The atheist says, ‘I don’t believe in God.’ God says, ‘I don’t believe in atheists.’ Here’s why:
The atheist presupposes the basic reliability of the senses. But on what basis? According to the atheist, there is no standard to appeal to outside of our own senses to validate our experiences. For all he knows, he could be merely experiencing the sensation of thinking true thoughts.
C.S. Lewis once said, if there is no intelligence behind the universe and no creative mind, then nobody designed the human brain for the purpose of thinking. Lewis expands on the implications of that:
It is merely that when the atoms inside my skull happen, for physical or chemical reasons, to arrange themselves in a certain way, this gives me, as a by-product, the sensation I call thought.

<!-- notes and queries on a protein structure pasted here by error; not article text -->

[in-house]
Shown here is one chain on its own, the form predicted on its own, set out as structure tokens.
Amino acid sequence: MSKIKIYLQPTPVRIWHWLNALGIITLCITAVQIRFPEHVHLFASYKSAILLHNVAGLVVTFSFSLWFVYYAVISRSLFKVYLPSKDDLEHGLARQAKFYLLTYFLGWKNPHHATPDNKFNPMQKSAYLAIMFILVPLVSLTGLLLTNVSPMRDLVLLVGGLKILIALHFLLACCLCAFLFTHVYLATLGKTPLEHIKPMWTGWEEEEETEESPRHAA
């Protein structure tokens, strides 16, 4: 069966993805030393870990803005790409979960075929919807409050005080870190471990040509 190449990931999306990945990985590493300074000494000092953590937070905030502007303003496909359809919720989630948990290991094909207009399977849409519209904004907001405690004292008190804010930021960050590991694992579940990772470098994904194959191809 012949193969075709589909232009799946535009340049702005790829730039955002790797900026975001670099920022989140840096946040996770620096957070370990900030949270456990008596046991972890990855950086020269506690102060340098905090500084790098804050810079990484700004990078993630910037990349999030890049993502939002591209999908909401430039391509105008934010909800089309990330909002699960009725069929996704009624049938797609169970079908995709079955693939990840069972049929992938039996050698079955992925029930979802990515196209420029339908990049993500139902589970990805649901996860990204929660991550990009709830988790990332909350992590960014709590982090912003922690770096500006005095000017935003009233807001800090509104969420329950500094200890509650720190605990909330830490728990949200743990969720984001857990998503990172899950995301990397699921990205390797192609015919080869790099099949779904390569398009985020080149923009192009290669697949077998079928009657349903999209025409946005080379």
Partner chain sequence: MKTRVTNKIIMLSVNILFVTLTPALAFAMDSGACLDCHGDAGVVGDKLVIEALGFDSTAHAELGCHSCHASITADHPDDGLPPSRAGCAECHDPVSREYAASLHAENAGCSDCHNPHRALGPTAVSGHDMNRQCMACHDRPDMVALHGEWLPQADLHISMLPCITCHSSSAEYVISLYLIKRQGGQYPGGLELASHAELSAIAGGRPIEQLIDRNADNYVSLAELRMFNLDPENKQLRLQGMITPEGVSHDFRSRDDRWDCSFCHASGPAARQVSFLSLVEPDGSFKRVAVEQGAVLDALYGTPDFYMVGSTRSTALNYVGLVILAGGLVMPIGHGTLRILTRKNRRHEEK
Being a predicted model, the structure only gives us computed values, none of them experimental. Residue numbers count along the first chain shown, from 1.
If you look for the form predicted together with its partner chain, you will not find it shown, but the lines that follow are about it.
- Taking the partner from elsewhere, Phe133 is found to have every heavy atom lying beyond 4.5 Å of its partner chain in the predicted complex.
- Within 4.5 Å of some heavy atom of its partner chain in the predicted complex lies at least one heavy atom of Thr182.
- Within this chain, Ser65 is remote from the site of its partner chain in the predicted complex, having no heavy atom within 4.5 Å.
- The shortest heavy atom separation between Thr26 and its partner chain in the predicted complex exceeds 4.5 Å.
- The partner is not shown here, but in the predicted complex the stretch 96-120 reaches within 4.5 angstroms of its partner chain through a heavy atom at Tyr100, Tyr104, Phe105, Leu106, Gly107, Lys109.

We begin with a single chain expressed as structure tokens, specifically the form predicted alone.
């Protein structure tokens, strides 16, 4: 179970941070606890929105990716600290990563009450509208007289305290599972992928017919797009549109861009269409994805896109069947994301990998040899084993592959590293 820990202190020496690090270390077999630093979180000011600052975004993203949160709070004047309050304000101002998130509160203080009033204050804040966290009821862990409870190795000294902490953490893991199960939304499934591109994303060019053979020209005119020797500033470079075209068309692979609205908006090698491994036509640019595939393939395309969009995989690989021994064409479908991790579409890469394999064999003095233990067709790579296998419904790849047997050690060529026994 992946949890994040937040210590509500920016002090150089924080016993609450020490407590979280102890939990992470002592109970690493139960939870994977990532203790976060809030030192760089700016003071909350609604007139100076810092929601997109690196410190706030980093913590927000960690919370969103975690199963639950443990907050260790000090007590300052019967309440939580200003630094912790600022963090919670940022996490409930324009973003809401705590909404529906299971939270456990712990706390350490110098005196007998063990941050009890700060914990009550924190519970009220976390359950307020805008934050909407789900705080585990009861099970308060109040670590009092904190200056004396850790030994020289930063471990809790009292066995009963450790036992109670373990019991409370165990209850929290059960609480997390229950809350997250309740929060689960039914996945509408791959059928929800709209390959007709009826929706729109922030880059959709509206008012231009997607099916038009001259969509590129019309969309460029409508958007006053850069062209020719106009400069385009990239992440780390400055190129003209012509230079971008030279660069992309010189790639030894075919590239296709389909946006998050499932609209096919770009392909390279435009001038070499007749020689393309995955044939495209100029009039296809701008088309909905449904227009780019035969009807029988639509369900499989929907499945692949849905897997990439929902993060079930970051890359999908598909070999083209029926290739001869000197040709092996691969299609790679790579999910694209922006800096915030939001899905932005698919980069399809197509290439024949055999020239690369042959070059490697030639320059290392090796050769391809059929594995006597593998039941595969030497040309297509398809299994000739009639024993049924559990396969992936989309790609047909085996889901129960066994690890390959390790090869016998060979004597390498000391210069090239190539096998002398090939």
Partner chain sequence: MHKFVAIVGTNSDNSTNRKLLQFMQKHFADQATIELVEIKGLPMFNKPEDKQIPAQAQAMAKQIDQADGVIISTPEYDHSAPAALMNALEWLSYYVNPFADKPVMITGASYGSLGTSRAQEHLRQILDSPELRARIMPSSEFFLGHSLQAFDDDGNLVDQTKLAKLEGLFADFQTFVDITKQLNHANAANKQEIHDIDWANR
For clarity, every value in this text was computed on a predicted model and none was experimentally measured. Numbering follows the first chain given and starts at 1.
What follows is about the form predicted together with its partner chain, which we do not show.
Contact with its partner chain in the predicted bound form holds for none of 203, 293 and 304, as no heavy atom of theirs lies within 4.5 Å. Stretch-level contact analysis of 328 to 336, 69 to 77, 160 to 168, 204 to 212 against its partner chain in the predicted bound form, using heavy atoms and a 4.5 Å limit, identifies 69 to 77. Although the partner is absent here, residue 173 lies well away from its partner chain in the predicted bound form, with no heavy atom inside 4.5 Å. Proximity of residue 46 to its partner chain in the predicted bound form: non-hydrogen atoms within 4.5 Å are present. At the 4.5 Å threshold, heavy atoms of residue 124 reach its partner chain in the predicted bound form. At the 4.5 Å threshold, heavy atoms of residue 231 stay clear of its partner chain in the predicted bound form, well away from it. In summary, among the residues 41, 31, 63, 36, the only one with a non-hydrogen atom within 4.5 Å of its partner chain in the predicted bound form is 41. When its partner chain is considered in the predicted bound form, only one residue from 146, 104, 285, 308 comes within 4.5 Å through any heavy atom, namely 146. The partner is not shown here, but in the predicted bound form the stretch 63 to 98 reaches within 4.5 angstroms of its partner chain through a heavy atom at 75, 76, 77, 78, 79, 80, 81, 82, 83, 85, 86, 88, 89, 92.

But, if so, how can I trust my own thinking to be true? It’s like upsetting a milk jug and hoping that the way it splashes itself will give you a map of London.
But if I can’t trust my own thinking, of course I can’t trust my arguments leading to atheism, and therefore have no reason to be an atheist, or anything else.
Unless I believe in God, I cannot believe in thought: so I can never use thought to disbelieve in God.
Jonathan Sarfati once similarly said, “We must wonder why atheists call themselves ‘freethinkers’ if they believe thoughts are merely the results of atomic motion in the brain obeying the fixed laws of chemistry.”
This excerpt was taken from the article, ‘The proof of Christianity is the absurdity of every alternative.’